Ok let’s talk about how to fix your side plank and make it super strong and stable! If you’ve ever felt like you’re going to fall over in side plank, or like the weight of your body is enormously heavy in your arm – you’re definitely not alone. Believe it or not, this is actually a pretty easy fix for most people, and I’m going to share with you here how you can feel excited about side planks and not dread them.
If you’ve been taking class with me, you’ve probably heard me talk about the 3 zones of stability we have in our bodies. If not, no worries I’m about to explain it here.
Our bodies crave stability. It makes them feel safe, and when they feel safe, they move better. If you’re on my email list or read through my blogs, you’ve probably heard me talk about this before, and if not or if you want a refresher, you should check out this blog post here because I go more into detail about this and how it relates to flexibility.
So, what parts of our body do we draw stability from? Our shoulders, our core, and our hips are the main places that we use to stabilize us. This is true for if you’re balancing on 1 leg, or if you’re playing tennis, or if you’re skiing, walking, swimming, running…pretty much everything.
But here’s the deal. If 0 or only 1 of these 3 places is stable, our body is going to have a much harder time performing activities well, especially with things like balance. In general, you want at least 2 of these 3 zones working to stabilize you when you’re doing pretty much anything, but in this case let’s talk about it as it relates to yoga. When you understand this concept, you’ll understand literally every challenging yoga pose ever – backbends, arm balances, aaaaand of course, side planks.
Side planks actually require all 3 zones of stability to be working simultaneously, which is part of why they are so hard. If one zone’s stability breaks, then the whole thing often falls apart. So, let’s break down side plank by each zone of stability, and what you can do to find strength and stability in each zone:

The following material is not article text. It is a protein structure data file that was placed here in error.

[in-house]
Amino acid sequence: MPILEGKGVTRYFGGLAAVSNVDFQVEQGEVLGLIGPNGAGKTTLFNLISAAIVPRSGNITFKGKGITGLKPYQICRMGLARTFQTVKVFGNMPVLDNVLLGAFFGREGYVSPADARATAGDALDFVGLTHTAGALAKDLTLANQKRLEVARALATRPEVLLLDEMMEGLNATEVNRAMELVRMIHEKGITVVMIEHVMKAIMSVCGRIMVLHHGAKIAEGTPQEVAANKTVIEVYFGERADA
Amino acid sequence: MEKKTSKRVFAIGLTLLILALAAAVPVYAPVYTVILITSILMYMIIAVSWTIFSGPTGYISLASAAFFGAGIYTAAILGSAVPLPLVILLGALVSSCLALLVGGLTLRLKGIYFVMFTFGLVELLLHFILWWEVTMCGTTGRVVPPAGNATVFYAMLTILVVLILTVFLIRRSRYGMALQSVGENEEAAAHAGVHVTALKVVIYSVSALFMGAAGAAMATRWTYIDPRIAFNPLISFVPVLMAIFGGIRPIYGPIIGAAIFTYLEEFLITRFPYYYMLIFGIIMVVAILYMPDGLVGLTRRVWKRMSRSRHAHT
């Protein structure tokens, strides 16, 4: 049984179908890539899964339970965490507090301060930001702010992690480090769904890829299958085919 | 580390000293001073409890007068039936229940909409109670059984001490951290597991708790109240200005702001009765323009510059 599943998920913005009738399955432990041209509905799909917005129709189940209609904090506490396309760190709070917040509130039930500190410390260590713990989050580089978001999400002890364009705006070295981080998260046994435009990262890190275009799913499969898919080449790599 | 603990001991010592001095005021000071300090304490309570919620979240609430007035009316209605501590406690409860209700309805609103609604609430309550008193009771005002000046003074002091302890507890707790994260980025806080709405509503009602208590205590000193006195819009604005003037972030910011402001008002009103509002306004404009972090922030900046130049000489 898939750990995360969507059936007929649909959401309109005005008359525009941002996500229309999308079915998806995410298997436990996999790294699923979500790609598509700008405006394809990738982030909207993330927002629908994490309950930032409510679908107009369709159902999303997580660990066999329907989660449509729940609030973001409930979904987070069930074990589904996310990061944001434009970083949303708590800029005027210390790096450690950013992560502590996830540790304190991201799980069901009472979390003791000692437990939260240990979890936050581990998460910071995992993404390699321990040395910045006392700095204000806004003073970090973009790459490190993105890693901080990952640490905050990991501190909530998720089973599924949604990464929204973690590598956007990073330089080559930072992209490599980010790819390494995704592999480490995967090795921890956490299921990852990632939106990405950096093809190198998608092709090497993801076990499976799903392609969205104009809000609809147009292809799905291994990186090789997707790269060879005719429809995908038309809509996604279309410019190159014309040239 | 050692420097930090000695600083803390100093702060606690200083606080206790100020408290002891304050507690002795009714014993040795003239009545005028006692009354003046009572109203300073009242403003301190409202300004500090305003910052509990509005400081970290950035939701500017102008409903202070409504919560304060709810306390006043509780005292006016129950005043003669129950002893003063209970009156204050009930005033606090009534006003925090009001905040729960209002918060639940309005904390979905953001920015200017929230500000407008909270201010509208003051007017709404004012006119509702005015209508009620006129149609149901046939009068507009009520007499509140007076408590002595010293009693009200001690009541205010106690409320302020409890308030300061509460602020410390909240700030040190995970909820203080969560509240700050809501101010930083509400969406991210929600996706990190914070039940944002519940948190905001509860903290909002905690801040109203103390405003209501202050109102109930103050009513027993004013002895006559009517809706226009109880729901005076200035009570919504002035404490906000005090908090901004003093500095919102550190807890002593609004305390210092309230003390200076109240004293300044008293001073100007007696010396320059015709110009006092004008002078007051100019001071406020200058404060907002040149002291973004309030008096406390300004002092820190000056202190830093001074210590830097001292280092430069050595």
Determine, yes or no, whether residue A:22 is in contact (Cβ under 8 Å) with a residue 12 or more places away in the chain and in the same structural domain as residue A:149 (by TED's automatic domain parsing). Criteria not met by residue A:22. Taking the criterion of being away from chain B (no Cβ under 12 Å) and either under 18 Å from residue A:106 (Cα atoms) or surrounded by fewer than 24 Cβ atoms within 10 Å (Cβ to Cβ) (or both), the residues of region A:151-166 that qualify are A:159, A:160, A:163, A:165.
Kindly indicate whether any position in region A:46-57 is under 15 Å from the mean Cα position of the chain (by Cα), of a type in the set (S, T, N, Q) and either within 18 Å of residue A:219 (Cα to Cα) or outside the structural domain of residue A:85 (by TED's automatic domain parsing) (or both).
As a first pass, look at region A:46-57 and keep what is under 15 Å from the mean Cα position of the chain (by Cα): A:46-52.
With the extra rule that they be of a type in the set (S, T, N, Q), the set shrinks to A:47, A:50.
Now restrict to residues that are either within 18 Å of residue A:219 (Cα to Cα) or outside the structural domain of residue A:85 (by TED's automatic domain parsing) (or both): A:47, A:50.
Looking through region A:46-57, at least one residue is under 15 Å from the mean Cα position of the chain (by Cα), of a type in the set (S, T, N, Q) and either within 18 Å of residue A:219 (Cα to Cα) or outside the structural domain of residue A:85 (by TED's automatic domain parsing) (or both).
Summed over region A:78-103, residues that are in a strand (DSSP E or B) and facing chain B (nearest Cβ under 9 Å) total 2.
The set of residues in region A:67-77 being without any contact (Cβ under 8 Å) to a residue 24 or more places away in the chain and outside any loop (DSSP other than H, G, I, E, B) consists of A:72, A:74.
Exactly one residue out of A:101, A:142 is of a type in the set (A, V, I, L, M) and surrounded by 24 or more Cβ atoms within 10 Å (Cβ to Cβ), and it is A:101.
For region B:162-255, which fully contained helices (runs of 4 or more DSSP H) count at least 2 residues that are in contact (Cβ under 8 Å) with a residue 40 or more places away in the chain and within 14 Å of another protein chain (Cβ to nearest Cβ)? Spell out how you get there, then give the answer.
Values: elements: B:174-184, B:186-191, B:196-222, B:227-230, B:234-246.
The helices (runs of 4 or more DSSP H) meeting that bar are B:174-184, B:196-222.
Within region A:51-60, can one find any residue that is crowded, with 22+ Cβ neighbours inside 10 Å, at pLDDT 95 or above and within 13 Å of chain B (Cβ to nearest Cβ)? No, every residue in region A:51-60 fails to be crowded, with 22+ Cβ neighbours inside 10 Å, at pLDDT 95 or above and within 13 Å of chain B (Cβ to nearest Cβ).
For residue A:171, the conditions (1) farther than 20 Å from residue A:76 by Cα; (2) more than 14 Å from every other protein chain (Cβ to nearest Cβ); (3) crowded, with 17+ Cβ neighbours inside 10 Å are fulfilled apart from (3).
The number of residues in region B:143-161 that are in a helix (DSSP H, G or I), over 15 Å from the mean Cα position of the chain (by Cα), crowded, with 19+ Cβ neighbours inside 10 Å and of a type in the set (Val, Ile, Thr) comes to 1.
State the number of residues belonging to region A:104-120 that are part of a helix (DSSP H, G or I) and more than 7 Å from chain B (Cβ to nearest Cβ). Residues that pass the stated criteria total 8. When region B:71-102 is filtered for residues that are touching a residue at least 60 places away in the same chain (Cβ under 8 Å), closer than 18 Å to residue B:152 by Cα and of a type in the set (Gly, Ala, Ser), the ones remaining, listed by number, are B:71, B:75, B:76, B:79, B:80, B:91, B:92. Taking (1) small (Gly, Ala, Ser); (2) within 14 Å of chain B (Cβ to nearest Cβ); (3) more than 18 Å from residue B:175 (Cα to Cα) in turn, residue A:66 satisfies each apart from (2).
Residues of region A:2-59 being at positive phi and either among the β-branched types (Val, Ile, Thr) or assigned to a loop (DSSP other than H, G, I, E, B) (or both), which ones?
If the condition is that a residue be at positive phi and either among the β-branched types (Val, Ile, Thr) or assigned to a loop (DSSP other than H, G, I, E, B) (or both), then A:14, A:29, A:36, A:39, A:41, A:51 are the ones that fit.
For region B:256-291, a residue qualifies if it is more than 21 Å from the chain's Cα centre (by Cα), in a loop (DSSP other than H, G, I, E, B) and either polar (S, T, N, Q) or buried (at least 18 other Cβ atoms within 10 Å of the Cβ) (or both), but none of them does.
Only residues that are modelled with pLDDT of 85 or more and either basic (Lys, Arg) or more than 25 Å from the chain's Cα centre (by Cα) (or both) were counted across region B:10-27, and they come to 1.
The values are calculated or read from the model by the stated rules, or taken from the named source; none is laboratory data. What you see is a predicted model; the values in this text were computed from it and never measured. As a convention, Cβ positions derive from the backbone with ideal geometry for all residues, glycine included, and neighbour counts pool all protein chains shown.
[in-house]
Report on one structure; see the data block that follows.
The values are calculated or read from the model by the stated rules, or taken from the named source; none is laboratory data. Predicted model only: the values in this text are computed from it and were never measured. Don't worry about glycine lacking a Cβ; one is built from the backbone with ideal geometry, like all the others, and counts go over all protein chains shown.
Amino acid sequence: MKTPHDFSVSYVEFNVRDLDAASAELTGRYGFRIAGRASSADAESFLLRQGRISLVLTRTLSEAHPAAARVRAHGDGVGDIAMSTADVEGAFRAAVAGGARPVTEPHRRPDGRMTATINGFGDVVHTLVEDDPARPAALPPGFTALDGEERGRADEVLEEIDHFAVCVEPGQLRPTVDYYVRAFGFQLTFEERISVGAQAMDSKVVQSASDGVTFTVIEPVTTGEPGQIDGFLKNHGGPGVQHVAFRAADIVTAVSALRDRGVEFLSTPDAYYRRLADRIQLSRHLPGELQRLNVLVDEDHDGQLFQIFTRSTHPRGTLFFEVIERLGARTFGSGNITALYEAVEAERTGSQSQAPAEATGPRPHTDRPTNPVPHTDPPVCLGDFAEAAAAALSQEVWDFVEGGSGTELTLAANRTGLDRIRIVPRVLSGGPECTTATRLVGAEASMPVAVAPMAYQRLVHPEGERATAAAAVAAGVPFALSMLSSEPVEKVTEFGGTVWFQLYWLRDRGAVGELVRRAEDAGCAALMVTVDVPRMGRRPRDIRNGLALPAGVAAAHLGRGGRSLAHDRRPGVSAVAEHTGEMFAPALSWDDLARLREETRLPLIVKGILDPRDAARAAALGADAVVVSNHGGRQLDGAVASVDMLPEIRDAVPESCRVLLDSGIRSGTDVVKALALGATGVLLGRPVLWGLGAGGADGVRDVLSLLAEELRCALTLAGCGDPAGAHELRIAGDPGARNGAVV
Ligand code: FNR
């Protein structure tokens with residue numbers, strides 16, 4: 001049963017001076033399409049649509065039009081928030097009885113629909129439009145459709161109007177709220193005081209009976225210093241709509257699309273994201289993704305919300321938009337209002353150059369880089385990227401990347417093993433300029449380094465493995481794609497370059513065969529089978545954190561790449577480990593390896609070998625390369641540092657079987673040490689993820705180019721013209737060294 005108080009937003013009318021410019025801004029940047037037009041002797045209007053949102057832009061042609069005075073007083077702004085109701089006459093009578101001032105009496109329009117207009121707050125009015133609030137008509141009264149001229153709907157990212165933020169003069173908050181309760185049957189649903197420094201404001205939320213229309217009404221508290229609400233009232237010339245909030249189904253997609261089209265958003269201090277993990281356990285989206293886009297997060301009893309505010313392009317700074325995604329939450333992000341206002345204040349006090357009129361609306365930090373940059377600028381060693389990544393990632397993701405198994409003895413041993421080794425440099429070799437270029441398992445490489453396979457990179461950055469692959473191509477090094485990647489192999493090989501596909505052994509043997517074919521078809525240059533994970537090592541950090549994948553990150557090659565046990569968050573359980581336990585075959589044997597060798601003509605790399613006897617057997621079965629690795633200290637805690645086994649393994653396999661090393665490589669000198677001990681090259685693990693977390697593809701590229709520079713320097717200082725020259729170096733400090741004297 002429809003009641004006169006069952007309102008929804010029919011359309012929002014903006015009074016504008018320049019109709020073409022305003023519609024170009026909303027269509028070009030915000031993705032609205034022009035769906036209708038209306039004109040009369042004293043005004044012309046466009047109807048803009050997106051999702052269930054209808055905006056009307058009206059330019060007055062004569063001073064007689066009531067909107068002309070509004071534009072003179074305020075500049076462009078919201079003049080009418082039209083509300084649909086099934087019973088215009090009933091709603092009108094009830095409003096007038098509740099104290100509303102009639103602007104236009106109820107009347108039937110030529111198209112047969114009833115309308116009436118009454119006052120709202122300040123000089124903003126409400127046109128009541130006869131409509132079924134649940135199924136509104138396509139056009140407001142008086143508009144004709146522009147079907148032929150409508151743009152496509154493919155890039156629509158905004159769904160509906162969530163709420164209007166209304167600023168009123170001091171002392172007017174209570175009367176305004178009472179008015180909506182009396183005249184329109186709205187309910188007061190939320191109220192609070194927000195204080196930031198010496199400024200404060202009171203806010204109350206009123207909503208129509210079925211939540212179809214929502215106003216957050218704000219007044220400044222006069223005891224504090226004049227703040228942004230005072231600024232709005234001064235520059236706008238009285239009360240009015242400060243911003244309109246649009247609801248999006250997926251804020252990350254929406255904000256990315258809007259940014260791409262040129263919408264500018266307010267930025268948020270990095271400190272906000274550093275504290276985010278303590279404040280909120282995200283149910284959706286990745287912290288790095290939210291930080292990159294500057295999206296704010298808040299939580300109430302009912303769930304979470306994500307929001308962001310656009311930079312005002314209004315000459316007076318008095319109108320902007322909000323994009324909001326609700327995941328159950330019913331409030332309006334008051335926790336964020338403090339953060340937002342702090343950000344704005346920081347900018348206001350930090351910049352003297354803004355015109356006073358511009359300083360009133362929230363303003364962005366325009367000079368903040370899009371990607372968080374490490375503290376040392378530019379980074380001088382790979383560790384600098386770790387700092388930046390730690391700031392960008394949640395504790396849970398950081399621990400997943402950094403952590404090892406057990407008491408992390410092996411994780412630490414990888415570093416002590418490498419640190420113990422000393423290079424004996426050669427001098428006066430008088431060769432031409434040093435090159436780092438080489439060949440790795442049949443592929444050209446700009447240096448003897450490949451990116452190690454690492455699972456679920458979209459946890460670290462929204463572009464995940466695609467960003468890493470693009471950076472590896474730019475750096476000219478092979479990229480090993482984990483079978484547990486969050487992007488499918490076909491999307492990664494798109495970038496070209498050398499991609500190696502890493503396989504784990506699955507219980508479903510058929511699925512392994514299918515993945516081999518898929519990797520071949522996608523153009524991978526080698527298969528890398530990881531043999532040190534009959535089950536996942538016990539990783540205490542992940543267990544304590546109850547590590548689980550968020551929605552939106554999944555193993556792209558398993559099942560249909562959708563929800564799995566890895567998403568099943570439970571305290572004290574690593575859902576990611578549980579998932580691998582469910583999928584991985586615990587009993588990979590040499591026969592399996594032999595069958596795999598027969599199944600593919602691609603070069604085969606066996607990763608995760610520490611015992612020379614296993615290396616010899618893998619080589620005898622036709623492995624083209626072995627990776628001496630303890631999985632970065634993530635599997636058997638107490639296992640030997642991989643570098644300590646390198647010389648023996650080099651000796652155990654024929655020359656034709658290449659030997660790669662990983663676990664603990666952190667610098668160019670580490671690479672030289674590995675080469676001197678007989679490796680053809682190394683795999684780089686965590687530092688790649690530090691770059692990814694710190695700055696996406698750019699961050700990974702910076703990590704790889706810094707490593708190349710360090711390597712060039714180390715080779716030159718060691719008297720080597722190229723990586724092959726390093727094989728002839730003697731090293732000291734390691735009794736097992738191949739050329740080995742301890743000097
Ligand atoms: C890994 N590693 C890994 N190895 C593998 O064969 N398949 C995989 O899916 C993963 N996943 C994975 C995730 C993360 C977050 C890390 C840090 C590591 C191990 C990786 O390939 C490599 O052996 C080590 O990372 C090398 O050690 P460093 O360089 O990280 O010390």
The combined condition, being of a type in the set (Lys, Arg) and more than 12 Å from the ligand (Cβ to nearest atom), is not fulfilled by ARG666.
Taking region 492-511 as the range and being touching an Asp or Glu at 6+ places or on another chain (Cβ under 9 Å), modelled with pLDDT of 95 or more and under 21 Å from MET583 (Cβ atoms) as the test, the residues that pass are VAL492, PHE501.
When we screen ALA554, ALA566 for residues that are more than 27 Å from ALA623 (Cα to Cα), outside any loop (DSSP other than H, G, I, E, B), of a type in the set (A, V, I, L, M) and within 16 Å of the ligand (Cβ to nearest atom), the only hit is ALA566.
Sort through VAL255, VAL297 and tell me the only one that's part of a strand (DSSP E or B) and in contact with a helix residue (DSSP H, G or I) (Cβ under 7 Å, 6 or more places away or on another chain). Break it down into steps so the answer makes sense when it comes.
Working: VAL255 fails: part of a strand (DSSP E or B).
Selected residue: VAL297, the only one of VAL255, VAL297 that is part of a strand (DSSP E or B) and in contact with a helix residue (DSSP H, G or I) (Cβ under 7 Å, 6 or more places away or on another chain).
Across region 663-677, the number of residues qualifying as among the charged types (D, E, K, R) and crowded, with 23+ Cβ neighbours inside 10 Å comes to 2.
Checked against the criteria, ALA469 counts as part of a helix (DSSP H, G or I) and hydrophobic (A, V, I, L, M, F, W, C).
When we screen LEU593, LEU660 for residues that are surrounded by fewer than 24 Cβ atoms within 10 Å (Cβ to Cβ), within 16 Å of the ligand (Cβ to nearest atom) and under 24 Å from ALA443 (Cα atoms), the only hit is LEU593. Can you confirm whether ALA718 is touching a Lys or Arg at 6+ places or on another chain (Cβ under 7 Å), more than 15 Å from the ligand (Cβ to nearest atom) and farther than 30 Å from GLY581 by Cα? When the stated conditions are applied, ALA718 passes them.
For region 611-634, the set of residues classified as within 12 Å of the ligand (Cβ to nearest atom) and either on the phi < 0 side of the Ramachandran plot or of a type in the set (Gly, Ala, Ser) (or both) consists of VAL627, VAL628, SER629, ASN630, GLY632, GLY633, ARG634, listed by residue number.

Just like in a regular plank pose, if you let your shoulders collapse, it probably won’t feel very good in your shoulder joint first of all, but second of all, everything will feel super heavy becauase your arms start acting like poles that could snap holding your body up, rather than strong limbs that have muscles attached to them 😂🥴
So the same thing goes for your side plank. How do you get your arms and shoulders to engage? It’s pretty simple – just press the floor away from you, and you’ll feel your arms start to engage, as well as your the muscles on your back around your shoulder blades. Give this a try on hands and knees to feel it in an easier position first with both hands on the ground, then take it to your side planks and plank poses.
Shoulder Stability Zone ✅
Again, just like in a regular plank pose, if your hips drop, your core can’t engage to its fullest extent. In a regular plank this would land you in a backbend, but in a side plank it lands you in a side bend, which again, will be hard to find the muscles of your core.
There are a few ways to make sure you’re engaging your core. The first is to control where your rib cage is. Go ahead and take a big backbend (yes, right now as you’re reading this). Touch the bottom part of your rib cage with your hands. Do you feel how your ribs are sticking out and kind of flaring? This is what you want to AVOID in your side plank (and regular plank too). Now take your ribs a little bit in, keep your hands there so you can feel what’s going on. Basically you’re just taking the backbend out of the shape by changing the position of your rib cage 👍